August 13, 2010
by: Tami O’Connor
Why do some objects float while others sink? Archimedes discovered that an object is buoyed upward with a force equal to the weight of the fluid displaced. An object will float in a fluid whenever its weight is less than the weight of the fluid displaced; otherwise it will sink… So what does this mean in English??? An easier way to think about it is that an object that is less dense than the fluid it is in will rise to the top of the more dense fluid.
In demonstrations of liquids of varying densities, the liquid with the greatest density will sink to the bottom of the container while the less dense liquid will remain on the top. There are wonderful demonstrations you can conduct with your class using immiscible liquids (liquids that do not mix) of different densities, and there are a number of high interest experiments your students can conduct using liquids of different densities. If you find this topic interesting, please visit the blog we wrote on the W-Tube.
Gasses also have varying densities, but in the elementary and middle school classrooms, students don’t often have the same opportunity to work with gasses as they would liquids, or more often, liquids and solids. Read the rest of this entry »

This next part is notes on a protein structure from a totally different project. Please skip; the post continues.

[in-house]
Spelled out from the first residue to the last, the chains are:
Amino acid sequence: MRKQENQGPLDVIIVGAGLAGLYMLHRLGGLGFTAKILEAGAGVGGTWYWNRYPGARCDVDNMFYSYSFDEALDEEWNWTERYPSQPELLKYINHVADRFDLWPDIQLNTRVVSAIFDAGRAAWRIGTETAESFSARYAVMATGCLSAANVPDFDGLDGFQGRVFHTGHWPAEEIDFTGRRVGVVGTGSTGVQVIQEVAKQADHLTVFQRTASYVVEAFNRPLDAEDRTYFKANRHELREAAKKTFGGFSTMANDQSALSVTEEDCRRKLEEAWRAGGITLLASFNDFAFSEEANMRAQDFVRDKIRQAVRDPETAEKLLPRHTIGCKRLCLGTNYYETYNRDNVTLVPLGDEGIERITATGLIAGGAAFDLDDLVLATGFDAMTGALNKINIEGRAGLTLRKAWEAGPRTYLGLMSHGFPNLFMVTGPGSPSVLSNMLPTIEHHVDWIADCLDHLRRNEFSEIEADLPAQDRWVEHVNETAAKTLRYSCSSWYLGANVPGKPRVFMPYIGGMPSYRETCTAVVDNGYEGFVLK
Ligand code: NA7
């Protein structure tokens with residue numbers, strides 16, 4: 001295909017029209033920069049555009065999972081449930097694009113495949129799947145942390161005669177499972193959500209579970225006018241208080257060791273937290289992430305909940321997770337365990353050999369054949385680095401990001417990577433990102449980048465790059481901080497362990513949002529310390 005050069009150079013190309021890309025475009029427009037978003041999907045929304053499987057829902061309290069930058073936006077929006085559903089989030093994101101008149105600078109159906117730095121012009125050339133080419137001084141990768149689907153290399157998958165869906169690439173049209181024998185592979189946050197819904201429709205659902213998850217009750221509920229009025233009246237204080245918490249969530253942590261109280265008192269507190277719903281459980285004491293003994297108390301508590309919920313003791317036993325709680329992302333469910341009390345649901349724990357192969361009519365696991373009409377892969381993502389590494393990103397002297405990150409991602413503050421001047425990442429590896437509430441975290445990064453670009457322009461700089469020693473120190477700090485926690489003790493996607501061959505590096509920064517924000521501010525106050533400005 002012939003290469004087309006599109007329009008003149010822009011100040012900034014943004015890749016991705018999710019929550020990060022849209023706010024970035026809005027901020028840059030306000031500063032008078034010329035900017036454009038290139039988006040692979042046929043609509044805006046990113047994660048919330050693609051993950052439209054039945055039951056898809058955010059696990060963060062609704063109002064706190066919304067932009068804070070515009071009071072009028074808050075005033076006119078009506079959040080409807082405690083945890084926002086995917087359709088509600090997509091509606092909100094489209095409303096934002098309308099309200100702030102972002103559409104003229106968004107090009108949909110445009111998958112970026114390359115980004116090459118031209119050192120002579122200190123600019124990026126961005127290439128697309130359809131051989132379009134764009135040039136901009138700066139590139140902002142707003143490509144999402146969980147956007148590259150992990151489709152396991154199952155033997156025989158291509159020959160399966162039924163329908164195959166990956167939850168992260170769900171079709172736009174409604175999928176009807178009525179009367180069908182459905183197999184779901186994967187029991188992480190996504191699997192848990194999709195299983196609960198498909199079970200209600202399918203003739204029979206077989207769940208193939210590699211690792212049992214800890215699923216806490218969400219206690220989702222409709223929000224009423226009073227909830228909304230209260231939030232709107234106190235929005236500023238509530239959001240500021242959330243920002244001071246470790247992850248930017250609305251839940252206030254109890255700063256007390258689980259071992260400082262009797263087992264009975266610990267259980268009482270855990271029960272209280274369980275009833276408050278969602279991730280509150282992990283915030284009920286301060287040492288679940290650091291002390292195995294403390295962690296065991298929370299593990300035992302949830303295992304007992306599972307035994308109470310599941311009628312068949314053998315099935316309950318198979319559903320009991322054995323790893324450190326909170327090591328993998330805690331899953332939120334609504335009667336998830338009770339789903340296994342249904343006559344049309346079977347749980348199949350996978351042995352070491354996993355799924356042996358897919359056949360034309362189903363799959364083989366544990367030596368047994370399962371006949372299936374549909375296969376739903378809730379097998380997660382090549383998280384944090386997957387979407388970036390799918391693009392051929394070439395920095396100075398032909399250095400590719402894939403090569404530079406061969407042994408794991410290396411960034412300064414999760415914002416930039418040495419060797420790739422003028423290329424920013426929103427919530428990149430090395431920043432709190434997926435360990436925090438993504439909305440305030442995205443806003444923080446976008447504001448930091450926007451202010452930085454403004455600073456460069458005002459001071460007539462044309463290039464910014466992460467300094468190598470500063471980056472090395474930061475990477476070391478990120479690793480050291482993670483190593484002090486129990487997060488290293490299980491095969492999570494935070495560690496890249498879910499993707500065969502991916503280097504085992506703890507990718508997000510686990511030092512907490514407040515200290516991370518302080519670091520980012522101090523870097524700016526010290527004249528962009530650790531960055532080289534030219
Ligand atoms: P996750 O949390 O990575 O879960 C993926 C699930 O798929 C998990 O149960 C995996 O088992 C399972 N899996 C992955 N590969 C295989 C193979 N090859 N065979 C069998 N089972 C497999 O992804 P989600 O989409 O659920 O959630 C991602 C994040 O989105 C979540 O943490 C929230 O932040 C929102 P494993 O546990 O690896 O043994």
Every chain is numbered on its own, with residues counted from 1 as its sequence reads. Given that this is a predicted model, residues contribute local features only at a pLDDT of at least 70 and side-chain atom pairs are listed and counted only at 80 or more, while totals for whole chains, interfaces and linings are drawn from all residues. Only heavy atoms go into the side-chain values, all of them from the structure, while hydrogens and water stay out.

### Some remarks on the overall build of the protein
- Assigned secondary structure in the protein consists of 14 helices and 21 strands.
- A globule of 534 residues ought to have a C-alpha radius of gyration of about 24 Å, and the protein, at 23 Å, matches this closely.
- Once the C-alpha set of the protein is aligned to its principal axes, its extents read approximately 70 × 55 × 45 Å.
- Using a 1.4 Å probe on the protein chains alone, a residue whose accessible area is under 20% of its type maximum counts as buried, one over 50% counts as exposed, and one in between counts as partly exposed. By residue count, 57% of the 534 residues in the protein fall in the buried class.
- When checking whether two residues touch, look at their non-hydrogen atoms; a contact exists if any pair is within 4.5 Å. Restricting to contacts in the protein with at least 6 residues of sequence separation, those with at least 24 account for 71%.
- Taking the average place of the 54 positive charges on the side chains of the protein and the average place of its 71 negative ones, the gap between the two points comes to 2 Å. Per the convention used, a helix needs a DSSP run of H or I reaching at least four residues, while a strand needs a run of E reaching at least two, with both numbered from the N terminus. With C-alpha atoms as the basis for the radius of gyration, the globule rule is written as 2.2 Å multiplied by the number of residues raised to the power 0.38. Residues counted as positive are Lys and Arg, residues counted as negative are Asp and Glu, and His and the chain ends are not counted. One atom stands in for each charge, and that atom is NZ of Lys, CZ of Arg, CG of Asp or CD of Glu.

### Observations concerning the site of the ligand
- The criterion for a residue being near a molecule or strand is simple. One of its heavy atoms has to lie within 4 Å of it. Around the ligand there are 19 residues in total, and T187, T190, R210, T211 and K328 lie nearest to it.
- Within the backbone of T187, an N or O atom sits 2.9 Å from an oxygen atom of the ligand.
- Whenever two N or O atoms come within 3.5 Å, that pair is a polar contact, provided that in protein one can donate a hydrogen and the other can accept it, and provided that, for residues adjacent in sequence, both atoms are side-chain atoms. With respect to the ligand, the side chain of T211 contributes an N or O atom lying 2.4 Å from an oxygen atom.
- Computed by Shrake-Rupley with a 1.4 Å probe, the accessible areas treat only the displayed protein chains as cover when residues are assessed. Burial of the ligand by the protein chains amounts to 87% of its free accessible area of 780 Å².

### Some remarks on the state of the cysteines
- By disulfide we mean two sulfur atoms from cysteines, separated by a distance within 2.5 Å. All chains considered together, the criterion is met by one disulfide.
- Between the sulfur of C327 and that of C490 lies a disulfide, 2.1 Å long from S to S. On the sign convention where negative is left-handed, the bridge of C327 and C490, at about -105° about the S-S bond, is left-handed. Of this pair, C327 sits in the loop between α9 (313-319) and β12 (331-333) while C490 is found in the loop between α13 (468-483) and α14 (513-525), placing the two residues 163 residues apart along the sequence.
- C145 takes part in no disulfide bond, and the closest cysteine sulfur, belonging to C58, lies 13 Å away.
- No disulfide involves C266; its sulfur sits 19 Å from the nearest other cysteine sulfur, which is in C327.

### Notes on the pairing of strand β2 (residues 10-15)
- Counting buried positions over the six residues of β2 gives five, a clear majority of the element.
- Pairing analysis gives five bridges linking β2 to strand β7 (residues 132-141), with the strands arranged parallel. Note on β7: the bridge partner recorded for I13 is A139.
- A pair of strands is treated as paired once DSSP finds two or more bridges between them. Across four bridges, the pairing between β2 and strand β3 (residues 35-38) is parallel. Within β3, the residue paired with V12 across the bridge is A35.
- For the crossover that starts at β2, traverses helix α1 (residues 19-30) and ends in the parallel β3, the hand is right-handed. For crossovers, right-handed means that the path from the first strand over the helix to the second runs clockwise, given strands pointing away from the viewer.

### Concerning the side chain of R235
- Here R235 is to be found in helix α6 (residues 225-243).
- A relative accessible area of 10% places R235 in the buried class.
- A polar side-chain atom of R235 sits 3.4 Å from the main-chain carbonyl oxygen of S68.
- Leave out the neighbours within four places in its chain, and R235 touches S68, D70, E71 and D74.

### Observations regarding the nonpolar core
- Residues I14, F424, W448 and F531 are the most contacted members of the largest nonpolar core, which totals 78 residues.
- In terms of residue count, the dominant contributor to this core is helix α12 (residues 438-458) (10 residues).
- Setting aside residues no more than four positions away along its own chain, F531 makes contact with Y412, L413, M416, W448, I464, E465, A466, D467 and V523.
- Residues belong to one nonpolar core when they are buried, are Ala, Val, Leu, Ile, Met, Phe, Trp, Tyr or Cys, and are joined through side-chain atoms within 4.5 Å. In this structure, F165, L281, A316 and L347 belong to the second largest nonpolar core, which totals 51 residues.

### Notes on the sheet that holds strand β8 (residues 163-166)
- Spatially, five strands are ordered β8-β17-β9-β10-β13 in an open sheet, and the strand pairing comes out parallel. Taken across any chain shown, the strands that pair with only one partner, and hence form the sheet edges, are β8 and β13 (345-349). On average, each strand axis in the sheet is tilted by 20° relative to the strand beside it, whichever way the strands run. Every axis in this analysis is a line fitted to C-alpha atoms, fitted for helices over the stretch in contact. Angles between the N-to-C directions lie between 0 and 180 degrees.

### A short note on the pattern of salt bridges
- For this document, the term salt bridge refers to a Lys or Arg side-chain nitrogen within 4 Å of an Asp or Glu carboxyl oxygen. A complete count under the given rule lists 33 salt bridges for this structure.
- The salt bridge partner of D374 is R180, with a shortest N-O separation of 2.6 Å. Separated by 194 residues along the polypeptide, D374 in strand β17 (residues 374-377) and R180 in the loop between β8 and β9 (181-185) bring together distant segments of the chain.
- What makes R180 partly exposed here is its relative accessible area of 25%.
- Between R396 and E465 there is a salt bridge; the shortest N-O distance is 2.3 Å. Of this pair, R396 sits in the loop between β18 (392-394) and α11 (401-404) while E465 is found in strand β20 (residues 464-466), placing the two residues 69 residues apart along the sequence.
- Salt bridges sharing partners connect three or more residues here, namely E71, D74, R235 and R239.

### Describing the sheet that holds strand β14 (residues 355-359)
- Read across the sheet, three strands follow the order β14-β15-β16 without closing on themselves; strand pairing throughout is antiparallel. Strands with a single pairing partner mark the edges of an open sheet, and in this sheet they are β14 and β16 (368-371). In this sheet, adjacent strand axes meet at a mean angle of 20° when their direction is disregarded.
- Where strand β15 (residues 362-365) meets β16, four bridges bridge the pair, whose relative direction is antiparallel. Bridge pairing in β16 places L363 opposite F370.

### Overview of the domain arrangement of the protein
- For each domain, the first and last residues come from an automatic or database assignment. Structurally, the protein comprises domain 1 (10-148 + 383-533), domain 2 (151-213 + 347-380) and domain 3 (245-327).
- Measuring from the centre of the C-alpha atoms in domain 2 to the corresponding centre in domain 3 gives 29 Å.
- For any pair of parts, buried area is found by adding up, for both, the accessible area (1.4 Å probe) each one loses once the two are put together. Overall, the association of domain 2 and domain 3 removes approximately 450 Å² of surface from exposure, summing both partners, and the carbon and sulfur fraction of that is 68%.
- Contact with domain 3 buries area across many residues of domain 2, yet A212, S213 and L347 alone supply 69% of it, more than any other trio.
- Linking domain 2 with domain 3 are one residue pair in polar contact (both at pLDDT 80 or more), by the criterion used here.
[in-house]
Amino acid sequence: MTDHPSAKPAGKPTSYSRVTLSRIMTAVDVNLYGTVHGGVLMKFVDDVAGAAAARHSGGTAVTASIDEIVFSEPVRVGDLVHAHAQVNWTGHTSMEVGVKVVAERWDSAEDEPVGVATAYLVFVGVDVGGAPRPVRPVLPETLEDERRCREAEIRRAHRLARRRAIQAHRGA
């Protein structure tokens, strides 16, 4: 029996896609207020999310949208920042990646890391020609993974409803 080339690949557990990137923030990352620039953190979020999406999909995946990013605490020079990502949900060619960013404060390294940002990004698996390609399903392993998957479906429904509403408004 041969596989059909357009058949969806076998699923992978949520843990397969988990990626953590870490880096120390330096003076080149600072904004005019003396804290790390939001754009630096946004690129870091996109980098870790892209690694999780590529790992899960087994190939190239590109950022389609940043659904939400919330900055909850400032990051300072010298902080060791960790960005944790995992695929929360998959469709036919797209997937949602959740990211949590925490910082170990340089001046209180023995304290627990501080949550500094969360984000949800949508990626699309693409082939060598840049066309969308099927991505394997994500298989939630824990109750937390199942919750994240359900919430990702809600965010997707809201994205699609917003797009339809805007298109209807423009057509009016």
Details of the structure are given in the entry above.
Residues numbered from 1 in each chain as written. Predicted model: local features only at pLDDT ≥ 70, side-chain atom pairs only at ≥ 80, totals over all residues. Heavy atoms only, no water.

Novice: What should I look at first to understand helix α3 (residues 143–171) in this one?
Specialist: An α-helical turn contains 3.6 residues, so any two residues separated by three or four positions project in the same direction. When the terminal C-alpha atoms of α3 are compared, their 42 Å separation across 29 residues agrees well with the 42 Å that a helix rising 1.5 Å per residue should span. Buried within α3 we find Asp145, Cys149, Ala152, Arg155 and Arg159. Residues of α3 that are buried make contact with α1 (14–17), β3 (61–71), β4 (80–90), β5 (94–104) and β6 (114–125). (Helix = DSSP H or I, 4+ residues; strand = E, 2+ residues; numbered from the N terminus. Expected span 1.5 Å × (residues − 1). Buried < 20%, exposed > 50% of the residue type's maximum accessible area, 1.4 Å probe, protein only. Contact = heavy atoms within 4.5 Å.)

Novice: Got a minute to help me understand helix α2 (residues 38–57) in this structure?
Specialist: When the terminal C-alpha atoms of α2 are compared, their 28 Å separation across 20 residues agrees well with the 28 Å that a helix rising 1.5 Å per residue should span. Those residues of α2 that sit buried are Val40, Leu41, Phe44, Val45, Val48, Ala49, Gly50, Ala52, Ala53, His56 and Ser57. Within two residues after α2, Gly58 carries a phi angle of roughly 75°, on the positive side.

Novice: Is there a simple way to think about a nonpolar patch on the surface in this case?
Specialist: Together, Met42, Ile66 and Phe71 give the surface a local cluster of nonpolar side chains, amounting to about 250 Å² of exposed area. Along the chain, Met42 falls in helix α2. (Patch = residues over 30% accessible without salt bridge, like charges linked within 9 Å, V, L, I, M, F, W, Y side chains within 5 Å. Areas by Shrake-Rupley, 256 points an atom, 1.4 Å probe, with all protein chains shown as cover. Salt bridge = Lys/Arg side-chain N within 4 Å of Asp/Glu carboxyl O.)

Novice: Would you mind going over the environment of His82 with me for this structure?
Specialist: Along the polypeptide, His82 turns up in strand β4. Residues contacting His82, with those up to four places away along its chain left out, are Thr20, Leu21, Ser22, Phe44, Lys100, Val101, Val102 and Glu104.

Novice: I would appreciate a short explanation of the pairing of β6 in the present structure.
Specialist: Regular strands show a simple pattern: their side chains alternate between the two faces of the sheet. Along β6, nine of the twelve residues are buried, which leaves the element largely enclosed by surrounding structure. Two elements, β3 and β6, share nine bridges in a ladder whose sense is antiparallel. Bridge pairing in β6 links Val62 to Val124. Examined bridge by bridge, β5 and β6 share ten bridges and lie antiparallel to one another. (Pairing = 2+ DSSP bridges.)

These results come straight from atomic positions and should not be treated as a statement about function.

April 29, 2010
by: Allison A. Bailes III, PhD
A great new tool for home performance diagnostic testing has come onto the market – The Wizard Stick. It’s basically a small, hand-held theatrical fog machine that uses the same non-toxic fluid as its larger, more prolific brethren.
For the home energy auditor or the home performance contractor, this device provides an effective way to find air leaks and a compelling way to demonstrate them to homeowners. With a Blower Door depressurizing the home, you can walk around with the Wizard Stick, pull the trigger, and watch to see if the smoke just hovers near where it’s released or is blown away by air being pushed into the house through a leak.
It makes a nice stream of smoke and produces it quickly when you pull the trigger. Although it doesn’t have the neutral buoyancy that chemical smoke puffers have, I haven’t noticed that it’s far enough away from neutral to be a problem for home energy auditors. And of course, it has the big advantage of not being toxic. The common chemical smoke puffers available use titanium tetrachloride, which is very corrosive. Several years ago, I kept one of these in a metal locker, and even though it was in a plastic bottle inside a plastic bag, the inside of that locker showed significant corrosion after a short time. I’m happy to find a non-toxic smoke device that works. Read the rest of this entry »